by Jeremy Bell
A few years ago, I joined a short-term missions team from Southeastern Baptist Theological Seminary to work alongside IMB missionaries and local churches in Tokyo, Japan. Many of you may be unaware that the Japanese people remain an unreached people group (i.e., less than 2% Christian). This statistic would often cross my mind as our team would be packed on trains with Japanese people traveling around this massive city. Yet, my heart would be deeply saddened because Jesus’s words would ring through my mind: “The harvest is plentiful, but the laborers are few” (Luke 10:2).
These feelings of compassion for this people group gave me an attitude to help them in any way I could while our team served in this area of the world. I think many short-term missionaries have this type of missional disposition when doing work for the Lord cross-culturally. However, sometimes this mentality—while seeking to bring honor and glory to the name of Jesus—can prevent short-term missionaries from being open to how long-term missionaries and local believers can impact our worship of King Jesus. In other words, short-term missionaries have a propensity to go and teach and do, but often forget the humility of learning and listening to their brothers and sisters in Christ living in different cultures.
While the COVID-19 pandemic has kept short-term missions grounded for a season, maybe we should take some time to reflect upon the lessons God was teaching us as we went out to “make disciples of all nations” (Matthew 28:19). Perhaps this will spur within us a deeper love for how God was conforming us into the image of his Son while also cultivating within us a desire to take up this commission once again after the pandemic relinquishes its travel restrictions. To help foster these two purposes, I would like to share an experience that I have been reflecting upon from my trip to Japan in 2018.
I had the privilege and opportunity to preach at a church in Tokyo, Japan during this short-term missions trip. Our team entered this Japanese church, which was basically a two room flat on the second floor of a local restaurant. We crammed into these two rooms sitting on fold-out chairs to worship King Jesus. My text for the morning was Psalm 67, and my point to our Japanese brothers and sisters was to pray that God would use them to reach the Japanese people with the life-changing message of the gospel. In other words, to take seriously the Great Commission by praying for and sharing Jesus with the Japanese people in their vicinity.
When the sermon was over, the pastor had the entire congregation stand up for a time of prayer, which he led. As Baptist missionary from America, when I heard “amen,” I proceeded to sit in my chair, but then, a faint voice from the back of the room spoke up as I was about to sit. She began to pray with a sense of urgency and fervency. The people around me began to make vocal signs of agreement with her prayer. After she said, “amen,” another person began to pray, and another, and another—this continued for about 5 to 10 minutes. The emotion of their prayers could be felt even among us as short-term missionaries even though we could not understand what they were saying due to the language barrier. Nevertheless, it was genuine communal prayer to the author and perfector of our faith (Hebrews 12:2), and it was pulling on my heart strings as well.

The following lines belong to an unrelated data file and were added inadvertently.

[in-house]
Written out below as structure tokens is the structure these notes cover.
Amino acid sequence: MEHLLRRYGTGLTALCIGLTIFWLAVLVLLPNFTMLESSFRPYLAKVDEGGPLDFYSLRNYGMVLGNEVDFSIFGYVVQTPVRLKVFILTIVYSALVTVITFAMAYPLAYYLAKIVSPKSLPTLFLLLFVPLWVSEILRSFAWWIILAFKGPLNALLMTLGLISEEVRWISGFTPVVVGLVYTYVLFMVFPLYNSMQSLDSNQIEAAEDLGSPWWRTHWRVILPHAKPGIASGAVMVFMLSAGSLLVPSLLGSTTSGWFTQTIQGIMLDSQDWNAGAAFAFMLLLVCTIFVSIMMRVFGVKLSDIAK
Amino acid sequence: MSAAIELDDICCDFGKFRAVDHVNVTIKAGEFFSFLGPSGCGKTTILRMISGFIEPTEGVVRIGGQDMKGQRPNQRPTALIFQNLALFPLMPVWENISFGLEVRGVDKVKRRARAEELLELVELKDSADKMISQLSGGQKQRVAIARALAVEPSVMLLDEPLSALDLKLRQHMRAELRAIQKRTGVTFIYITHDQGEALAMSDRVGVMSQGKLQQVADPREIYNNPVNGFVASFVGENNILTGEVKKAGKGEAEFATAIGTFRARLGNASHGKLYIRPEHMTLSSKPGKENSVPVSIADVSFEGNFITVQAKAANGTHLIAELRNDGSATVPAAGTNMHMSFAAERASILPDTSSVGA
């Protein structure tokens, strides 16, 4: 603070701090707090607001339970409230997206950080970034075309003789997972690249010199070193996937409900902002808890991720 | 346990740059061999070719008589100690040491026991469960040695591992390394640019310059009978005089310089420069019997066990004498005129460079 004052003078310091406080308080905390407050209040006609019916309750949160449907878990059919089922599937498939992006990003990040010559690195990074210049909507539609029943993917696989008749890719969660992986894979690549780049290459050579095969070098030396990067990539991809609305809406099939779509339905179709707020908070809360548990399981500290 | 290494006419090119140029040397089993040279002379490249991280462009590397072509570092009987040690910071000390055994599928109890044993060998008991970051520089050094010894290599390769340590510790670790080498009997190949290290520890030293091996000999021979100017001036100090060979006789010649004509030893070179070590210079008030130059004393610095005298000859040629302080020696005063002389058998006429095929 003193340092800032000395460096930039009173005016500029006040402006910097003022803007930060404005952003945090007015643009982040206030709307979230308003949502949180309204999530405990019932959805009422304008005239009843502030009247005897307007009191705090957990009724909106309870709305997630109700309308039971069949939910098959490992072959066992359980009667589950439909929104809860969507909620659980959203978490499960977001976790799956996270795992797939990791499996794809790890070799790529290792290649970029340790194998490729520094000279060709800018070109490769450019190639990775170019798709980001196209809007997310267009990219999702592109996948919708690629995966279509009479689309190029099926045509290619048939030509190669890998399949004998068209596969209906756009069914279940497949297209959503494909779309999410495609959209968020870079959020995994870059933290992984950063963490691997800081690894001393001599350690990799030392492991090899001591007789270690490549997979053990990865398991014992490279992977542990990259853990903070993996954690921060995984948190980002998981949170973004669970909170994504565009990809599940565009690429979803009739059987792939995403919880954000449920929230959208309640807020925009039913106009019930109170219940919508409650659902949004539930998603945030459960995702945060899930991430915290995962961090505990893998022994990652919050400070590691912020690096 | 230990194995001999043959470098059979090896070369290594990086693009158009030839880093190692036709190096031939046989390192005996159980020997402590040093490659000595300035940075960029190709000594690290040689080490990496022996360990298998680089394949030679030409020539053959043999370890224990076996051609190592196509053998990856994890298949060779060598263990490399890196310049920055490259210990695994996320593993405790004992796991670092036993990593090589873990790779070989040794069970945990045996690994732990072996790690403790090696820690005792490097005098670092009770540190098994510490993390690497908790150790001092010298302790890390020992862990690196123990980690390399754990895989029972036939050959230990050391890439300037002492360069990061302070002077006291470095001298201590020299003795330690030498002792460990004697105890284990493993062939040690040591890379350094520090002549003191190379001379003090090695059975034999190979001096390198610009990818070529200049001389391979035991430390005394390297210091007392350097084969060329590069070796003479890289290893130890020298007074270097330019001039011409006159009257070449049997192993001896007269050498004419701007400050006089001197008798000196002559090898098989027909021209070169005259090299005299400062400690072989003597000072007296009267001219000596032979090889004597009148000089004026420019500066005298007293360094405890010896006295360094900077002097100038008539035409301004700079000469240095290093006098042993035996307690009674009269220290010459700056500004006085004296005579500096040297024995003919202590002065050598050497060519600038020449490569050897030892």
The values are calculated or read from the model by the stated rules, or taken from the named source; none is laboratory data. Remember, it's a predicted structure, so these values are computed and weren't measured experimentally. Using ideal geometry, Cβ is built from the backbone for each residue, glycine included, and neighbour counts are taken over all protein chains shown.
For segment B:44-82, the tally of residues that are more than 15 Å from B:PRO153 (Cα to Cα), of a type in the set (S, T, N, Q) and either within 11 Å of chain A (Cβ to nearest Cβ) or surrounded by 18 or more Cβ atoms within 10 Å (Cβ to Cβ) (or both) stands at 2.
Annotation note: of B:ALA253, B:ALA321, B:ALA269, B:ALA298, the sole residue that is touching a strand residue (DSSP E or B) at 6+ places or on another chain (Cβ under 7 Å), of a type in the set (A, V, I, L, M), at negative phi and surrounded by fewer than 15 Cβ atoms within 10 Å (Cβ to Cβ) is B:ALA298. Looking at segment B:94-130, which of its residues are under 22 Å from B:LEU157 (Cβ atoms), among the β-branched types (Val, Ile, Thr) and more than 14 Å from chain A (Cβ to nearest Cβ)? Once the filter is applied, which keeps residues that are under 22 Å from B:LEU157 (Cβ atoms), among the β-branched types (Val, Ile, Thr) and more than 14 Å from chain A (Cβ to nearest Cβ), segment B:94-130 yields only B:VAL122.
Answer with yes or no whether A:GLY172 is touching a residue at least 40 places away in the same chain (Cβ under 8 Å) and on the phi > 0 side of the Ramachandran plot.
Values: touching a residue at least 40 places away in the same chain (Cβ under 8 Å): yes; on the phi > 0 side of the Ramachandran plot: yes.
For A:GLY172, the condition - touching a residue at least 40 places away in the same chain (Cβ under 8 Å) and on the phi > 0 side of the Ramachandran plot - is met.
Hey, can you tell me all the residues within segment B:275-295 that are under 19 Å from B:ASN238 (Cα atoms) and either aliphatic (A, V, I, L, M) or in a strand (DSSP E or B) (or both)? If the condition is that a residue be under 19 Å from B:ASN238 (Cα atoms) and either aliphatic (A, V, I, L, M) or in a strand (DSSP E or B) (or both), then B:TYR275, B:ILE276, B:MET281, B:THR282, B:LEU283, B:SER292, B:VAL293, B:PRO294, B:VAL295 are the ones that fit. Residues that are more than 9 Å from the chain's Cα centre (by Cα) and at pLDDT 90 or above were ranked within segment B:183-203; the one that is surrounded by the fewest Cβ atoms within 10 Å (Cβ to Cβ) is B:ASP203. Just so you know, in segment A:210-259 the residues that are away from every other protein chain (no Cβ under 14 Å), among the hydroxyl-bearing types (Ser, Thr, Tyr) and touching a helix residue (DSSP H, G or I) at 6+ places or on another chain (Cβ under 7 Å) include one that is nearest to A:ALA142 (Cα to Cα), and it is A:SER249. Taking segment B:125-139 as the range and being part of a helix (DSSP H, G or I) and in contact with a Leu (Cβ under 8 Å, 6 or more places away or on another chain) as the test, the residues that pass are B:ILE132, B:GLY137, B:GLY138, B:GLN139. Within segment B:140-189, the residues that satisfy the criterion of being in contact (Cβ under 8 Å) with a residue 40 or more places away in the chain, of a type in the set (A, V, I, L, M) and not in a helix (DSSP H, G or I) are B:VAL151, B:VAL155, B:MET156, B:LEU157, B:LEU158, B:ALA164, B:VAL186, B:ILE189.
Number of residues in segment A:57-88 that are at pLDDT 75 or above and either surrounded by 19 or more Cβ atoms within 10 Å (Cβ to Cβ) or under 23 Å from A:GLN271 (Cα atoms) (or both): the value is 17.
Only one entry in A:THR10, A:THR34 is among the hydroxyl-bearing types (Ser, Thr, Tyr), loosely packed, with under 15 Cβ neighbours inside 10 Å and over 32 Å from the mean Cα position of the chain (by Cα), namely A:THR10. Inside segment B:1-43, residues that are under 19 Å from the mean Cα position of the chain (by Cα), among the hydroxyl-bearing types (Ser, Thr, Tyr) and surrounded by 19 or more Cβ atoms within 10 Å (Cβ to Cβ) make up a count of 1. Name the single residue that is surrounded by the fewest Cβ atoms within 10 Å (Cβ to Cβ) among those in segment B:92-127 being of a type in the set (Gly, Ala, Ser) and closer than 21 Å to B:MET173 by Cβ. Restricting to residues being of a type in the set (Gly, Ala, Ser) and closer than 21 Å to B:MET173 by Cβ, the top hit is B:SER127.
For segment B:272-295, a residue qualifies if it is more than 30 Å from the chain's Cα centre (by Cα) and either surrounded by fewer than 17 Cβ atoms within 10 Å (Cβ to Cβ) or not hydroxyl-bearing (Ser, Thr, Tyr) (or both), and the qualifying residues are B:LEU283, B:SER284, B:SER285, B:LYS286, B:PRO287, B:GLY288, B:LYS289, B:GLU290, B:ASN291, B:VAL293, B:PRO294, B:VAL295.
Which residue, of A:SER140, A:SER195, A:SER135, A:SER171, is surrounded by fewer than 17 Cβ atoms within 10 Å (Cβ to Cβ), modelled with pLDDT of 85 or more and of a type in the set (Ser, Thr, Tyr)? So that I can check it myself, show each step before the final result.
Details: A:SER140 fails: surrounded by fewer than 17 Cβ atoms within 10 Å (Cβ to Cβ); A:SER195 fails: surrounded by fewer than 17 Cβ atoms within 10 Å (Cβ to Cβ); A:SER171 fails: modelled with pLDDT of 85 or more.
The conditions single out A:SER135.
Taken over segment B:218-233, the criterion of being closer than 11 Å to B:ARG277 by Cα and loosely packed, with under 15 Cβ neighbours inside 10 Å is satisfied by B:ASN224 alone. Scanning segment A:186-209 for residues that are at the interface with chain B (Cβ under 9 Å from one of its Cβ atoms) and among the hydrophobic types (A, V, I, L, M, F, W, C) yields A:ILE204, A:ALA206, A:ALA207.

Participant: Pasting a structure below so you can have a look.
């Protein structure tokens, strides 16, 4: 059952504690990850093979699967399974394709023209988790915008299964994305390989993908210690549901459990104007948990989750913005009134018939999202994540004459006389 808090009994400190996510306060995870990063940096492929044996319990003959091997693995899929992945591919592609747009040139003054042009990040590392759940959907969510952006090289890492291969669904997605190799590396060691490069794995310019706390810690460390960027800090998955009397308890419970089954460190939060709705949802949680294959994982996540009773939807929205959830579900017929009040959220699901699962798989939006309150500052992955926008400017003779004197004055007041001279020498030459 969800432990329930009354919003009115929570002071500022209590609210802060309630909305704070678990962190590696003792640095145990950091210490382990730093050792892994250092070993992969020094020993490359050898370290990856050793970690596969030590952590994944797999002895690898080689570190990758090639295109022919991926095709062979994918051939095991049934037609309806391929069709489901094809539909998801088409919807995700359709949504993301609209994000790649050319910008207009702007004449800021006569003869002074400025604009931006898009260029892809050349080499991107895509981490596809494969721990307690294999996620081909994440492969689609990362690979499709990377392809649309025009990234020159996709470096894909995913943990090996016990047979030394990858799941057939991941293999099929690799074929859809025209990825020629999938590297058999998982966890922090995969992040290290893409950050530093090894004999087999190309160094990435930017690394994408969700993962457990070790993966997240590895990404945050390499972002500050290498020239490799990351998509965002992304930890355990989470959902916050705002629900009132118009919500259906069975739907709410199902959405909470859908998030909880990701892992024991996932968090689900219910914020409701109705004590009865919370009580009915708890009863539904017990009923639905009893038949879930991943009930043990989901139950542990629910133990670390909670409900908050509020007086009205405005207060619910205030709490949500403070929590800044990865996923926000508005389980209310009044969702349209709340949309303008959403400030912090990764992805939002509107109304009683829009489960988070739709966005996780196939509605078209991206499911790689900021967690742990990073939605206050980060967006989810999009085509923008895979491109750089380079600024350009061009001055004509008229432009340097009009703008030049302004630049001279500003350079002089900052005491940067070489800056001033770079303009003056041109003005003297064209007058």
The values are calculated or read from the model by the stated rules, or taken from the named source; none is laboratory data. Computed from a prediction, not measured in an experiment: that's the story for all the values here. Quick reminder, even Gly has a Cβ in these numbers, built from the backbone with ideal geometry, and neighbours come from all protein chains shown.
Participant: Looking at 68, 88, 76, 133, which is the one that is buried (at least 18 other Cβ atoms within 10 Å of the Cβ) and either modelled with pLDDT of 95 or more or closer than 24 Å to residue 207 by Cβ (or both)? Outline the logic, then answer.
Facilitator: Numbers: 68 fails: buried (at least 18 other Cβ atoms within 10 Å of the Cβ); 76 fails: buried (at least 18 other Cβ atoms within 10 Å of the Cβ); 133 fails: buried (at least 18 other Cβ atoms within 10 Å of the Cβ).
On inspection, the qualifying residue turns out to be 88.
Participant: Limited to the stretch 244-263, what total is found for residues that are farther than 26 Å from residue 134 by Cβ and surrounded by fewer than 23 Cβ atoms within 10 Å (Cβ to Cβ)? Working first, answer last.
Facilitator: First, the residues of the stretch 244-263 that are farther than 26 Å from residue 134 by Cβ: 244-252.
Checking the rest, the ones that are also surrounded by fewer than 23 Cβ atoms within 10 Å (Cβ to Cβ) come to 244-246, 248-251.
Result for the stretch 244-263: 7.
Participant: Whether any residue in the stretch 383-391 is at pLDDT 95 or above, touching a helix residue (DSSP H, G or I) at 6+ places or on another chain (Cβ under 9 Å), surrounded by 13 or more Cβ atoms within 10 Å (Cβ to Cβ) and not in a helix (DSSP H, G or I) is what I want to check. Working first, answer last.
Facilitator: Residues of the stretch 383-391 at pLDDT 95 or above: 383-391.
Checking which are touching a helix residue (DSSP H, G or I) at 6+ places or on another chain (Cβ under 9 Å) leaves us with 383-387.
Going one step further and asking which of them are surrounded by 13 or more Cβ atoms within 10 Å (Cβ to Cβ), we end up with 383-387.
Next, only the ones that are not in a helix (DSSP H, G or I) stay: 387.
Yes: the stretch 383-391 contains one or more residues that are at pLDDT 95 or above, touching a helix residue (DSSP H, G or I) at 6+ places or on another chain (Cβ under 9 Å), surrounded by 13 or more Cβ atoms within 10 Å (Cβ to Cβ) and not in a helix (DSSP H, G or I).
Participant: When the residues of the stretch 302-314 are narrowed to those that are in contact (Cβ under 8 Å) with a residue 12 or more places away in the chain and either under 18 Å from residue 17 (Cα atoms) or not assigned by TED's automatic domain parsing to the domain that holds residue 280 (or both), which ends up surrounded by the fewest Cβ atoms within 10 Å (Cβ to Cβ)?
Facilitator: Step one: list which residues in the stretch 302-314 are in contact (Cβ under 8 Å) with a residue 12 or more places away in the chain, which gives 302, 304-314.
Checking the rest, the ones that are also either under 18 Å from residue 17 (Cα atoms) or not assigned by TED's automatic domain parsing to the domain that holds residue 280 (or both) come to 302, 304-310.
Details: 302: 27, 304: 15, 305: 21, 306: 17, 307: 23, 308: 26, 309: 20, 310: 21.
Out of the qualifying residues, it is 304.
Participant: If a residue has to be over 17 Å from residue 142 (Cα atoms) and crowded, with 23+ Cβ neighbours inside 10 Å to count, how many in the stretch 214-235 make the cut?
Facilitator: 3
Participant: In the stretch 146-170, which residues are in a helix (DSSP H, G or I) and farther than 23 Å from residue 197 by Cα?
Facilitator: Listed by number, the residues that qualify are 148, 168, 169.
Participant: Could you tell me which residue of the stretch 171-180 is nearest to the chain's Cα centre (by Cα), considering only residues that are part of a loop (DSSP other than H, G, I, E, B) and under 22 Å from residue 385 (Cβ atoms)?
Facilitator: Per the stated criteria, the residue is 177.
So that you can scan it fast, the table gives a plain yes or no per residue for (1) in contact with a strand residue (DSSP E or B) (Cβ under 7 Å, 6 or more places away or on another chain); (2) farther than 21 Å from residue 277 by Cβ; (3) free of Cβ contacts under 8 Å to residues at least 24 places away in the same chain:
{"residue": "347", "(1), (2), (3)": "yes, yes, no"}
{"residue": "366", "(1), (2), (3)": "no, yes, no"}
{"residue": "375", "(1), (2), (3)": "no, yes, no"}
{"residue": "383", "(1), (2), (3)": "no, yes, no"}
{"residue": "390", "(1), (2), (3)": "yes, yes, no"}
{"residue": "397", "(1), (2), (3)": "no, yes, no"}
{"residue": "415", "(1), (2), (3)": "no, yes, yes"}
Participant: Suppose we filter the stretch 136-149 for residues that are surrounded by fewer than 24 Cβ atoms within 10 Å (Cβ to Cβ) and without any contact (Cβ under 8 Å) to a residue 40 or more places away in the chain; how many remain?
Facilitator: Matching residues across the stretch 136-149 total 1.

I asked the pastor what had just happened after the service ended, and he informed me that the message convicted them to pray for the Japanese people around them. They pleaded with God to use them to bring about his plan of salvation for the Japanese. I was almost speechless when he relayed this information because while I expect God to work when his Word is preached, I cannot remember the last time I saw a church respond with intense corporate prayer after a sermon ended. This was the lesson I learned that day in Tokyo, a lesson I will ask in the form of a question: “How often do we go to church expecting God to do a mighty work and respond with fervent prayer after the Word is preached and his Holy Spirit moves?” It reminded me that when we worship, we are not on our timetable, but rather on the Lord’s time as he works freely among us by the power of his Holy Spirit.
As I reflect on this experience, the Lord taught me a valuable lesson as a local church member—go to worship expecting God to work in Spirit and in Truth. Our brothers and sisters in Japan might teach us a valuable lesson about coming to church expecting to hear from God through his Word and responding accordingly when he does. While we may go to teach and assist local believers and missionaries cross-culturally once COVID-19 has ended, let us remember that we have so much to learn from our brothers and sisters living in different cultures. By us reflecting on our past missions trips or sharing these trips with others during the pandemic, perhaps we will not only grow in our relationship with Christ now, but also God might stir within our hearts to go—either short-term or long-term—once travel restrictions cease.